Are you out of your debt comfort zone? Does it seem as though you’re paying too much to bill collectors and not enough for savings and the things you enjoy in life? If so, it’s a good idea to figure out just how much debt you have and compare that to how much you earn. This will give you clear understanding of your financial health.
Debt load is a term that is used to describe a consumer’s amount of debt. It is often used to understand if you are carrying a “safe” amount of debt. Creditors look at a debt/income ratio, comparing your income with your debts to analyze whether you have an appropriate amount of debt. The debt/income ratio is figured monthly and reveals either how good — or bad — your financial situation is. Read more
Employers must acknowledge the role of family caregivers to get a true picture of the costs of cancer care, according to a University of Alberta professor.
Janet Fast, a professor of department of human ecology at the University of Alberta, told the audience at Benefits Canada’s 2017 Employers Cancer Care Summit in February that the army of family and friends assisting patients with their everyday needs are an often-overlooked pillar of the medical system. Yet without them, the entire health system would collapse, she noted. Read more
Most people have at least one bad financial habit. Whether it’s impulse shopping, forgetting to pay bills on time or putting off building that emergency fund balancing what you want to do and what you “should” do is never easy.
You might recognize a few of these common bad financial habits in your life:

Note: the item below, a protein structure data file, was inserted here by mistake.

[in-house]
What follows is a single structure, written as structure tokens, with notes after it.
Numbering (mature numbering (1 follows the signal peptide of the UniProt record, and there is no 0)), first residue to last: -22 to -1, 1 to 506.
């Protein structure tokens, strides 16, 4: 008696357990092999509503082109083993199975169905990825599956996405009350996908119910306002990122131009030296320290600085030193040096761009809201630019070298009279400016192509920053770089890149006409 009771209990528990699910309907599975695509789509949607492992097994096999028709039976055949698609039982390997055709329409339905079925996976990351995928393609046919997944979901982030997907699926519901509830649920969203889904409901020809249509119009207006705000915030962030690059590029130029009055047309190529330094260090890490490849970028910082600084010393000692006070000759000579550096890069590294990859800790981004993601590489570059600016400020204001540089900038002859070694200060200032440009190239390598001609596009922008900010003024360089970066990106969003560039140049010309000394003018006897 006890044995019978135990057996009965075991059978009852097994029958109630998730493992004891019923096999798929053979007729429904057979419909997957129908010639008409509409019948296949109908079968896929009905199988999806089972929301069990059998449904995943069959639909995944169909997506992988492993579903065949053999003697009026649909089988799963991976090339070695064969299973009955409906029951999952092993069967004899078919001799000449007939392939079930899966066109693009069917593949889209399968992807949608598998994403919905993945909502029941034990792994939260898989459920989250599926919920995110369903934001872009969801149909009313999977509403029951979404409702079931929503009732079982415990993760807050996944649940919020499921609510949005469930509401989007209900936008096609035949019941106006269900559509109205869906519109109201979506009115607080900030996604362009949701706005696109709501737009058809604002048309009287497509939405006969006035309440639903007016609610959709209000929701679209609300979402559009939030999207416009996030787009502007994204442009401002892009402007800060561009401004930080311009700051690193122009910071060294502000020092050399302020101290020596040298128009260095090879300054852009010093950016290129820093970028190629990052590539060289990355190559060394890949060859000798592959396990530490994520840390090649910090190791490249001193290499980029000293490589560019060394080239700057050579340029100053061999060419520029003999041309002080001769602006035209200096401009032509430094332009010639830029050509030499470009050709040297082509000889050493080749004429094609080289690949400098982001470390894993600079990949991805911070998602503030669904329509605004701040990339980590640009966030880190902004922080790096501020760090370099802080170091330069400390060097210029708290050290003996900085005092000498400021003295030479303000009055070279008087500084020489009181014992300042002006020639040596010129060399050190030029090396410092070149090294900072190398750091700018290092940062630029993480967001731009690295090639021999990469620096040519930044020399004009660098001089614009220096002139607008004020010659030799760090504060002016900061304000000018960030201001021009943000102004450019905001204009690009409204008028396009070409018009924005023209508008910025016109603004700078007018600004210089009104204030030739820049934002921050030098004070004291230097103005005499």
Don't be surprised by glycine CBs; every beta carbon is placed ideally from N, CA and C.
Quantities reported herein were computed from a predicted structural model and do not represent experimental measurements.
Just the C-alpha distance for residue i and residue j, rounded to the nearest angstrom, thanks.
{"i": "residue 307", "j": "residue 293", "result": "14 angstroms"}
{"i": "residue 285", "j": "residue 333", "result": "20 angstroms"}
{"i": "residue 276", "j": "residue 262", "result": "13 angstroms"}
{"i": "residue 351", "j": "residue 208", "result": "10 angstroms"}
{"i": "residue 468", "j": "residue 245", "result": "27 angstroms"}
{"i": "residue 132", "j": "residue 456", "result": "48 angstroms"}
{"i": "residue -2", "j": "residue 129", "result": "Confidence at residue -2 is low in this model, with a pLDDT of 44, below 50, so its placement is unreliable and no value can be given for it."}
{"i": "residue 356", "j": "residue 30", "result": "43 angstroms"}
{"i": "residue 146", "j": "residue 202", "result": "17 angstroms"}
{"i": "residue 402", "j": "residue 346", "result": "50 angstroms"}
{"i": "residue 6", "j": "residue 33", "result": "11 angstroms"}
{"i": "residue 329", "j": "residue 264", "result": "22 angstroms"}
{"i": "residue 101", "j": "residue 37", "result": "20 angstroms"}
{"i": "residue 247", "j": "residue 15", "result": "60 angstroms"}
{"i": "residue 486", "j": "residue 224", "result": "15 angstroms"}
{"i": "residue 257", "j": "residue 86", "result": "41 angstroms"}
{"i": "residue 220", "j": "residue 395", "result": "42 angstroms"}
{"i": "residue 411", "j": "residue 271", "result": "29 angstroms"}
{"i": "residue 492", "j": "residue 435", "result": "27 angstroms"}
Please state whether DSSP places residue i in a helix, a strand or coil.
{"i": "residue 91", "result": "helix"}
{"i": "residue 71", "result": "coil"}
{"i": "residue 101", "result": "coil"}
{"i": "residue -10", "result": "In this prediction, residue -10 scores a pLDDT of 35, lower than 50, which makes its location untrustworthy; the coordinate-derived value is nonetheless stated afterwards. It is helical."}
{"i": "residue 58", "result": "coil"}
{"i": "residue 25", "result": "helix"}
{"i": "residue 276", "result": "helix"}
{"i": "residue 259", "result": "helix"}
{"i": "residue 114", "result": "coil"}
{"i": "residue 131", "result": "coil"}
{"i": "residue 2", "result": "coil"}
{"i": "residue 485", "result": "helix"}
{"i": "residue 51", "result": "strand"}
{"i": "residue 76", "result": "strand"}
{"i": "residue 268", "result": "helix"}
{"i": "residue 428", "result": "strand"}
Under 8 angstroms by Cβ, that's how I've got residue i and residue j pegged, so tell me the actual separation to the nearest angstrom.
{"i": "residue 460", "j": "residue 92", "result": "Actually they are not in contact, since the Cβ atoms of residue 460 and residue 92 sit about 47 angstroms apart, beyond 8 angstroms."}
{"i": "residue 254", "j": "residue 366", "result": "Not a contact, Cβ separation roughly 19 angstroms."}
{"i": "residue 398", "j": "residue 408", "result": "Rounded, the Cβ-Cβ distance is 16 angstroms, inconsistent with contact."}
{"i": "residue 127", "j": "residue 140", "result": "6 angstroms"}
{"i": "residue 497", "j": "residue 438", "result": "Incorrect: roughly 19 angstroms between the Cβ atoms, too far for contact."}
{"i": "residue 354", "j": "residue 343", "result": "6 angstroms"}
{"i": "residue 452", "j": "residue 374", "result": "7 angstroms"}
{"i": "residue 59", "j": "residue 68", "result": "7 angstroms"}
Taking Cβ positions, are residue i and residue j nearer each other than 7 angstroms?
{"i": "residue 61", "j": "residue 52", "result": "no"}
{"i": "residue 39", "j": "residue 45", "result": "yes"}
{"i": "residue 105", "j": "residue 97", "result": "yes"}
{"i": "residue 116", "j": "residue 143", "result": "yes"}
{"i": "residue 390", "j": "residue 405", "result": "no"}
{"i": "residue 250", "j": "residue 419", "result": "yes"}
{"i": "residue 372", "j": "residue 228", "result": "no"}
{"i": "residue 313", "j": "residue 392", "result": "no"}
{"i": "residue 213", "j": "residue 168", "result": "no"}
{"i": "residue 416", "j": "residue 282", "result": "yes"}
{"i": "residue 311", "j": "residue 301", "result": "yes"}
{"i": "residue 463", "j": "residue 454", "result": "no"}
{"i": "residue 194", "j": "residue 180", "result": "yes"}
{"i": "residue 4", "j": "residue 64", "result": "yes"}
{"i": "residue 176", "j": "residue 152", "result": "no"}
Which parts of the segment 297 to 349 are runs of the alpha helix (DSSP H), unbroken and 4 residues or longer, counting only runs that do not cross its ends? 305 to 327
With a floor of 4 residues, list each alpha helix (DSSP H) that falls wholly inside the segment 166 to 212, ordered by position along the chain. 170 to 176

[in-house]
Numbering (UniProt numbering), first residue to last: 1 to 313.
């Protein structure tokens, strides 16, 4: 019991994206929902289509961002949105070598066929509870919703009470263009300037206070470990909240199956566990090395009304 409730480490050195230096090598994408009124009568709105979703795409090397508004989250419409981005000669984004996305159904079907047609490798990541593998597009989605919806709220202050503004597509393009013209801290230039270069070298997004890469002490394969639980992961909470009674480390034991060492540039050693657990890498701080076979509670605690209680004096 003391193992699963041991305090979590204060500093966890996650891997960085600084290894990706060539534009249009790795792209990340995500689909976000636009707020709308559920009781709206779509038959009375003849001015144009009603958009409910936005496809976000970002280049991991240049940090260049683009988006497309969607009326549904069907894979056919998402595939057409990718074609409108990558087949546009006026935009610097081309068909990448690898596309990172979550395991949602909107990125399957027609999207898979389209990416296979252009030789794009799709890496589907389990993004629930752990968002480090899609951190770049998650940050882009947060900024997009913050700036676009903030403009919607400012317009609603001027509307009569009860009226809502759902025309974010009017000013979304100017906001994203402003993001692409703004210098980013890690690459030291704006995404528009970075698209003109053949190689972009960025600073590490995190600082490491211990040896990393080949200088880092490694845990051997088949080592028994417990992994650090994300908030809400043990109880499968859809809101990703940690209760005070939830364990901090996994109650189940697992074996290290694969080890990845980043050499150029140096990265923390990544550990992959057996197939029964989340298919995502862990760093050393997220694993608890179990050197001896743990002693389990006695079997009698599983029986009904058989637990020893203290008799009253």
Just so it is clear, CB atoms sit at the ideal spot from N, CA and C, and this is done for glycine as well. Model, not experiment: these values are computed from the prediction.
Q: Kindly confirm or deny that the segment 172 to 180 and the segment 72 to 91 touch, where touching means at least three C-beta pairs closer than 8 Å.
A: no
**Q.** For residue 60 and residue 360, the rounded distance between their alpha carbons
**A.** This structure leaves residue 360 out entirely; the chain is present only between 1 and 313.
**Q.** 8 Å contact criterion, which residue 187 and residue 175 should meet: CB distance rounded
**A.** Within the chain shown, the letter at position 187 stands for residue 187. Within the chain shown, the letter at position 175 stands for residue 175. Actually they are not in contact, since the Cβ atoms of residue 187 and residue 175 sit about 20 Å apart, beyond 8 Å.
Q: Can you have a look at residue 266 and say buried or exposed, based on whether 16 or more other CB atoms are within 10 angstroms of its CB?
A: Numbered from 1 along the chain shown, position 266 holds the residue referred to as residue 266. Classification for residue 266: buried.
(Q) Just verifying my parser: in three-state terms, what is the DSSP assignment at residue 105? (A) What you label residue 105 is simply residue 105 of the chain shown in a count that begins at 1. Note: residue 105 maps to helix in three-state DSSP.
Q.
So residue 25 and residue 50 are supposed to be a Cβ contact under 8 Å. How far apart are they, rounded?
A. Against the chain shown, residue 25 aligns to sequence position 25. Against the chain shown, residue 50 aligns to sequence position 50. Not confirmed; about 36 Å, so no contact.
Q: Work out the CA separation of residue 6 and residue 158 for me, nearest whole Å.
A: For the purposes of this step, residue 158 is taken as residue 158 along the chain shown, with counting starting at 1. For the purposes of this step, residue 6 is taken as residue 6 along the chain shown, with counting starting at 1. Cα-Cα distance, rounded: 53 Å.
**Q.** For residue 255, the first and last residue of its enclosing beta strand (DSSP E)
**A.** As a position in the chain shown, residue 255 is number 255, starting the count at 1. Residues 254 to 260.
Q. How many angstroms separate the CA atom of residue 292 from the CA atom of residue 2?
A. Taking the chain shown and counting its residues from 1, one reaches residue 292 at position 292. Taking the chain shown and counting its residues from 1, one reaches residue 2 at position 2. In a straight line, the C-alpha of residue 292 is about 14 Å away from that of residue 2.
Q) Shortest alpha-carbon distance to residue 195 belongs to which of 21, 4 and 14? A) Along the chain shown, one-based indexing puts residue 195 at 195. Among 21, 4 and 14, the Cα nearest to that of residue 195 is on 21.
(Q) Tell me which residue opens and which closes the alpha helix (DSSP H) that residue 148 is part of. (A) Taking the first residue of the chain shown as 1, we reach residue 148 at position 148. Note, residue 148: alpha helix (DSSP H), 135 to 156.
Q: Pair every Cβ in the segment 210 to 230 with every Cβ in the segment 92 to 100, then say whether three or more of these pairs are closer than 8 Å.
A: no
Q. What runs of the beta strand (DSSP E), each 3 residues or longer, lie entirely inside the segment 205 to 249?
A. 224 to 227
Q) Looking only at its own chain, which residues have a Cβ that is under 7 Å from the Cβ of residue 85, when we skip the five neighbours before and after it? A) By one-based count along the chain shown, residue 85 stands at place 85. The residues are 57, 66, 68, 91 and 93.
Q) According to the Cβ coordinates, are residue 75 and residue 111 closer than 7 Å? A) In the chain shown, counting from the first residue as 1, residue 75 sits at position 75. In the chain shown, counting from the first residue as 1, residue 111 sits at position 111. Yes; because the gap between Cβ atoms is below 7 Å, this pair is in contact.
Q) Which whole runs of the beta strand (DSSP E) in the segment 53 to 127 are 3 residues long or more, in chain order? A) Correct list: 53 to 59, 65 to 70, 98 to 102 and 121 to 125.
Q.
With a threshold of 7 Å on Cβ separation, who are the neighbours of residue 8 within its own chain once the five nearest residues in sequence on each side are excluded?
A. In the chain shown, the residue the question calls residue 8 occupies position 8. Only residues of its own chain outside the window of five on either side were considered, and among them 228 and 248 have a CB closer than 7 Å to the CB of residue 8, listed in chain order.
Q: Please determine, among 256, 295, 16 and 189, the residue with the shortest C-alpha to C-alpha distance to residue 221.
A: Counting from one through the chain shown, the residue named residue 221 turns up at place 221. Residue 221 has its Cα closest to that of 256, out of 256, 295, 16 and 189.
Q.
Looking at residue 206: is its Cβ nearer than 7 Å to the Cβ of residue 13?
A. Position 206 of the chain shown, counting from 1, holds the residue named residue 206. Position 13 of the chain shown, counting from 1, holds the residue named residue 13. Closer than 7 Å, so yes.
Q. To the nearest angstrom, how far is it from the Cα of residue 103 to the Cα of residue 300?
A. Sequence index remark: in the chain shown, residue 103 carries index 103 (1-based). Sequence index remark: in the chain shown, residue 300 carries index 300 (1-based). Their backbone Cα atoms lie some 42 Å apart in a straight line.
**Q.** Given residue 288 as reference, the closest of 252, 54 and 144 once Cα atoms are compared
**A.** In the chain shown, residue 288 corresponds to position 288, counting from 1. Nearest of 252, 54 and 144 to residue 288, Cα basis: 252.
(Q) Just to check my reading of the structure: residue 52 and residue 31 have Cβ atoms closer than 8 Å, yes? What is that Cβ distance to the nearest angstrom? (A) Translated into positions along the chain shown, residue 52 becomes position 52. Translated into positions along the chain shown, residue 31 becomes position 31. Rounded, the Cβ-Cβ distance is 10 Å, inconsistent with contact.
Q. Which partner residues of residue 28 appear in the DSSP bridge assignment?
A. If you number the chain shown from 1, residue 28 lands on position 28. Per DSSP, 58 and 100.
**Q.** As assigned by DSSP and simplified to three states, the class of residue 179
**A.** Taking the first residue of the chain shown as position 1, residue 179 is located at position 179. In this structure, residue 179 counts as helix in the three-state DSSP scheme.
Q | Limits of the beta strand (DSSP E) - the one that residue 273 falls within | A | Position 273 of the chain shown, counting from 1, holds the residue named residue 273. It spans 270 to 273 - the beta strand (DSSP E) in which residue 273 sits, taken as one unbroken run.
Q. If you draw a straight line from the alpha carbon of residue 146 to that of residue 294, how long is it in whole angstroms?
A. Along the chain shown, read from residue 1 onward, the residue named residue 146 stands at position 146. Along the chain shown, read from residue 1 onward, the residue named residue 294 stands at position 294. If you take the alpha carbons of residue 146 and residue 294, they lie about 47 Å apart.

- Paying bills after the due date
- Paying only the minimum required on bills
- Ignoring bills and letting them go to collections
- Putting off saving for retirement or a rainy day
- Impulse shopping or “retail therapy”
- Not keeping track of how much debt you have
- Taking on debt to pay for something you don’t currently need.
As baby boomers approach retirement while their children look for financial help, many are feeling the financial strain.
A new TD survey found 62 per cent of boomers can’t save enough for retirement because they’re supporting adult children or grandchildren. Those kids, however, aren’t taking that money obliviously: 44 per cent of millennials who rely on their parents’ or grandparents’ support said they know that help means fewer retirement savings, and 43 per cent said they’d cut costs rather than asking for financial help.
“As a parent or grandparent it’s natural to want to help our kids and grandkids who may be facing financial challenges such as finding full-time employment or paying their day-to-day expenses,” Rowena Chan, senior vice-president at TD Wealth Financial Planning, said in a news release. “It’s important that this desire to help is balanced with the goals you have when it comes to retirement.” Read more